James Wilson, Legislative Department, Lectures on Law1791Works 1:425--26
The doctrine of impeachments is of high import in the constitutions of free states. On one hand, the most powerful magistrates should be amenable to the law: on the other hand, elevated characters should not be sacrificed merely on account of their elevation. No one should be secure while he violates the constitution and the laws: every one should be secure while he observes them.
Impeachments were known in Athens. They were prosecuted for great and publick offences, by which the commonwealth was brought into danger. They were not referred to any court of justice, but were prosecuted before the popular assembly, or before the senate of five hundred.
Among the ancient Germans also, we discover the traces of impeachments: for we are informed by Tacitus, in his masterly account of the manners of that people, that it was allowed to present accusations, and to prosecute capital offences, before the general assembly of the nation.
An impeachment is described, by the law of England, to be, a presentment to the most high and supreme court of criminal jurisdiction, by the most solemn grand inquest of the kingdom.
It is evident that, in England, impeachments, according to this description, could not exist before the separation of the two houses of parliament. Previous to that era, the national council was accustomed to inquire into the conduct of the different executive officers, and to punish them for malversation in office, or what are called high misdemeanors. The king himself was not exempted from such inquiry and punishment: for it had not yet become a maxim--that the king can do no wrong.
Prosecutions of this nature were not, like those of ordinary crimes, intrusted to the management of an individual: they were conducted by the national council themselves; who acted, improperly enough, in the double character of accusers and judges. Upon the separation of the two houses, it became an obvious improvement, that the power of trying those high misdemeanors should belong to the house of lords, and that the power of conducting the prosecution should belong to the house of commons. In consequence of this improvement, the inconsistent characters of judge and accuser were no longer acted by the same body.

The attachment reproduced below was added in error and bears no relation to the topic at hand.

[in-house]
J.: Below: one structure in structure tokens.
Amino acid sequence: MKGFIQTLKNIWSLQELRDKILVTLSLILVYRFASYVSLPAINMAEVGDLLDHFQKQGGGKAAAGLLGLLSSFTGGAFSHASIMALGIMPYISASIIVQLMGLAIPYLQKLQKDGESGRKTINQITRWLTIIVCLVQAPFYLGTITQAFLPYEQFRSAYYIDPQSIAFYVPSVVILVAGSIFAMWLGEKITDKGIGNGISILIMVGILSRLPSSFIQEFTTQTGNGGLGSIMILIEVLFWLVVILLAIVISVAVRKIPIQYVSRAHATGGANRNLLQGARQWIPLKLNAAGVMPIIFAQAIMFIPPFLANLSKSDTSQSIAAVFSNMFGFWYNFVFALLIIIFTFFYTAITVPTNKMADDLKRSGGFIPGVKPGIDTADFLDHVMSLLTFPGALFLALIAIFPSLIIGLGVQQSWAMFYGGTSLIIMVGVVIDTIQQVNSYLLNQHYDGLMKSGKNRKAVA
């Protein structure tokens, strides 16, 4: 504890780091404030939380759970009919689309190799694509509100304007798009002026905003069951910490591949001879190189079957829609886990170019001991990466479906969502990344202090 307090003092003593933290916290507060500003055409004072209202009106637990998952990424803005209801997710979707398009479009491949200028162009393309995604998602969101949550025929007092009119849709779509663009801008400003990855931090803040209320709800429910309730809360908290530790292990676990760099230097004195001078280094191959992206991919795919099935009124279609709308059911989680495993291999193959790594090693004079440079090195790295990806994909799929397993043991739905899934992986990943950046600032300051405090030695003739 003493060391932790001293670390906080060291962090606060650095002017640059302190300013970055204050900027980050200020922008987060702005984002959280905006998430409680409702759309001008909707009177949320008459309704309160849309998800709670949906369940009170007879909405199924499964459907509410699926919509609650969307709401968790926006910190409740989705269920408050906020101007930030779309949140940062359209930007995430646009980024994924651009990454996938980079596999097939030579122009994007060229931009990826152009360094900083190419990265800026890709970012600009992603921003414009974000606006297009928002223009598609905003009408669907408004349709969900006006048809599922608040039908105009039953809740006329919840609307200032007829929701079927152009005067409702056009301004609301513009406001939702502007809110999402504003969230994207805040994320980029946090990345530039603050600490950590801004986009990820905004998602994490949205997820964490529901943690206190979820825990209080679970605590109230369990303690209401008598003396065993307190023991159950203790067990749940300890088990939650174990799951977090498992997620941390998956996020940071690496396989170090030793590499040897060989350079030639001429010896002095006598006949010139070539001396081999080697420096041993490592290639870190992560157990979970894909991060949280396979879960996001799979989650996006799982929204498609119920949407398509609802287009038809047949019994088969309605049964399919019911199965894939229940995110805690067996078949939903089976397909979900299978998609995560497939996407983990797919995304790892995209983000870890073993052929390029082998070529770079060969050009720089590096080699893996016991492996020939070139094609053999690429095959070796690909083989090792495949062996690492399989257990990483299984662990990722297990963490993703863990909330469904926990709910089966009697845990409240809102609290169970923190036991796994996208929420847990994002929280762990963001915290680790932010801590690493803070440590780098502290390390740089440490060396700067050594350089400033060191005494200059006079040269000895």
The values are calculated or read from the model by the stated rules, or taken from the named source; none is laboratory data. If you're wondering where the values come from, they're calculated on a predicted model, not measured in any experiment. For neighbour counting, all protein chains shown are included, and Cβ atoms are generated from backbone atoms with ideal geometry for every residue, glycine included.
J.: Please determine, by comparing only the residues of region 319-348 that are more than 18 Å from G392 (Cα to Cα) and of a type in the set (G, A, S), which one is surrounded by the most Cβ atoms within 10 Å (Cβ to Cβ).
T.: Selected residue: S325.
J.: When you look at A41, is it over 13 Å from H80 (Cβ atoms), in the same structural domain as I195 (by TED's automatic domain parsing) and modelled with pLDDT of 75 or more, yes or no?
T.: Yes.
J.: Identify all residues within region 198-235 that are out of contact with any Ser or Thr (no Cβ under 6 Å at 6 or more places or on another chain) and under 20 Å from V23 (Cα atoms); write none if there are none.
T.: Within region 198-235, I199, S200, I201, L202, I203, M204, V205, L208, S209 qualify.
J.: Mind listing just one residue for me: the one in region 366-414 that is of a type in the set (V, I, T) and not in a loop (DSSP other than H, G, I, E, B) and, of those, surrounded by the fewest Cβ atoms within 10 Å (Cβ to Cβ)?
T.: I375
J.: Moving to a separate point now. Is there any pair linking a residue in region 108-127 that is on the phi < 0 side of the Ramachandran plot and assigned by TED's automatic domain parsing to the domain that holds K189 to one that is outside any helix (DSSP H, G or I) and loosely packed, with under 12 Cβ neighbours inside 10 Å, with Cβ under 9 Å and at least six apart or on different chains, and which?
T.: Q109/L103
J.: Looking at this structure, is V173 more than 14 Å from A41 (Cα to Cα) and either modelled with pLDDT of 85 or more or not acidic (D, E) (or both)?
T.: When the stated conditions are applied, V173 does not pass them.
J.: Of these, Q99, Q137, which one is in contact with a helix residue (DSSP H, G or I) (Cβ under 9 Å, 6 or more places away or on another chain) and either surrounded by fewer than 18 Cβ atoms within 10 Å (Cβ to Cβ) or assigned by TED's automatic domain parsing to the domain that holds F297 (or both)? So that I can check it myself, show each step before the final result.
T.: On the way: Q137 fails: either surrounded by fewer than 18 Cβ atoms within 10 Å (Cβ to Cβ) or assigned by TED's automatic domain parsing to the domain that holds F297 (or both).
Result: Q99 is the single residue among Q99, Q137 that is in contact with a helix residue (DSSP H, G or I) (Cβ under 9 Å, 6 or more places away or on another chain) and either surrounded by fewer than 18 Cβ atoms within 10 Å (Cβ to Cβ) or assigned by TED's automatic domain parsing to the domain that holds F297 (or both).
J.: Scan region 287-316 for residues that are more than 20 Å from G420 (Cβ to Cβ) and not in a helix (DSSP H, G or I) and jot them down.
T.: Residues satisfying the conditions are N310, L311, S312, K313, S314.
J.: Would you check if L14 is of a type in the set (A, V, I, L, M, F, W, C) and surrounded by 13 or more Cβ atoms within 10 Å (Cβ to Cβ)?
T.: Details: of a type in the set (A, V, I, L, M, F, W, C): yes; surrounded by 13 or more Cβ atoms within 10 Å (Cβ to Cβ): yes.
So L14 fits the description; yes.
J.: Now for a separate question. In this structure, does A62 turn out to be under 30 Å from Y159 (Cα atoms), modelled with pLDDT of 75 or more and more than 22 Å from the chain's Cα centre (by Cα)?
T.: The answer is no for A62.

We find the commons appearing as the grand inquest of the nation, about the latter end of the reign of Edward the third. They then began to exhibit accusations for crimes and misdemeanors, against offenders who were thought to be out of the reach of the ordinary power of the law. In the fiftieth year of that reign, they preferred impeachments against many delinquents. These impeachments were tried by the lords.
In the United States and in Pennsylvania, impeachments are confined to political characters, to political crimes and misdemeanors, and to political punishments. The president, vice president, and all civil officers of the United States; the governour and all other civil officers under this commonwealth, are liable to impeachment; the officers of the United States, for treason, bribery, or other high crimes and misdemeanors; the officers of this commonwealth, for any misdemeanor in office. Under both constitutions, judgments, in cases of impeachment, shall not extend further than to removal from office, and disqualification to hold any office of honour, trust, or profit.
The Works of James Wilson. Edited by Robert Green McCloskey. 2 vols. Cambridge: Belknap Press of Harvard University Press, 1967.
© 1987 by The University of Chicago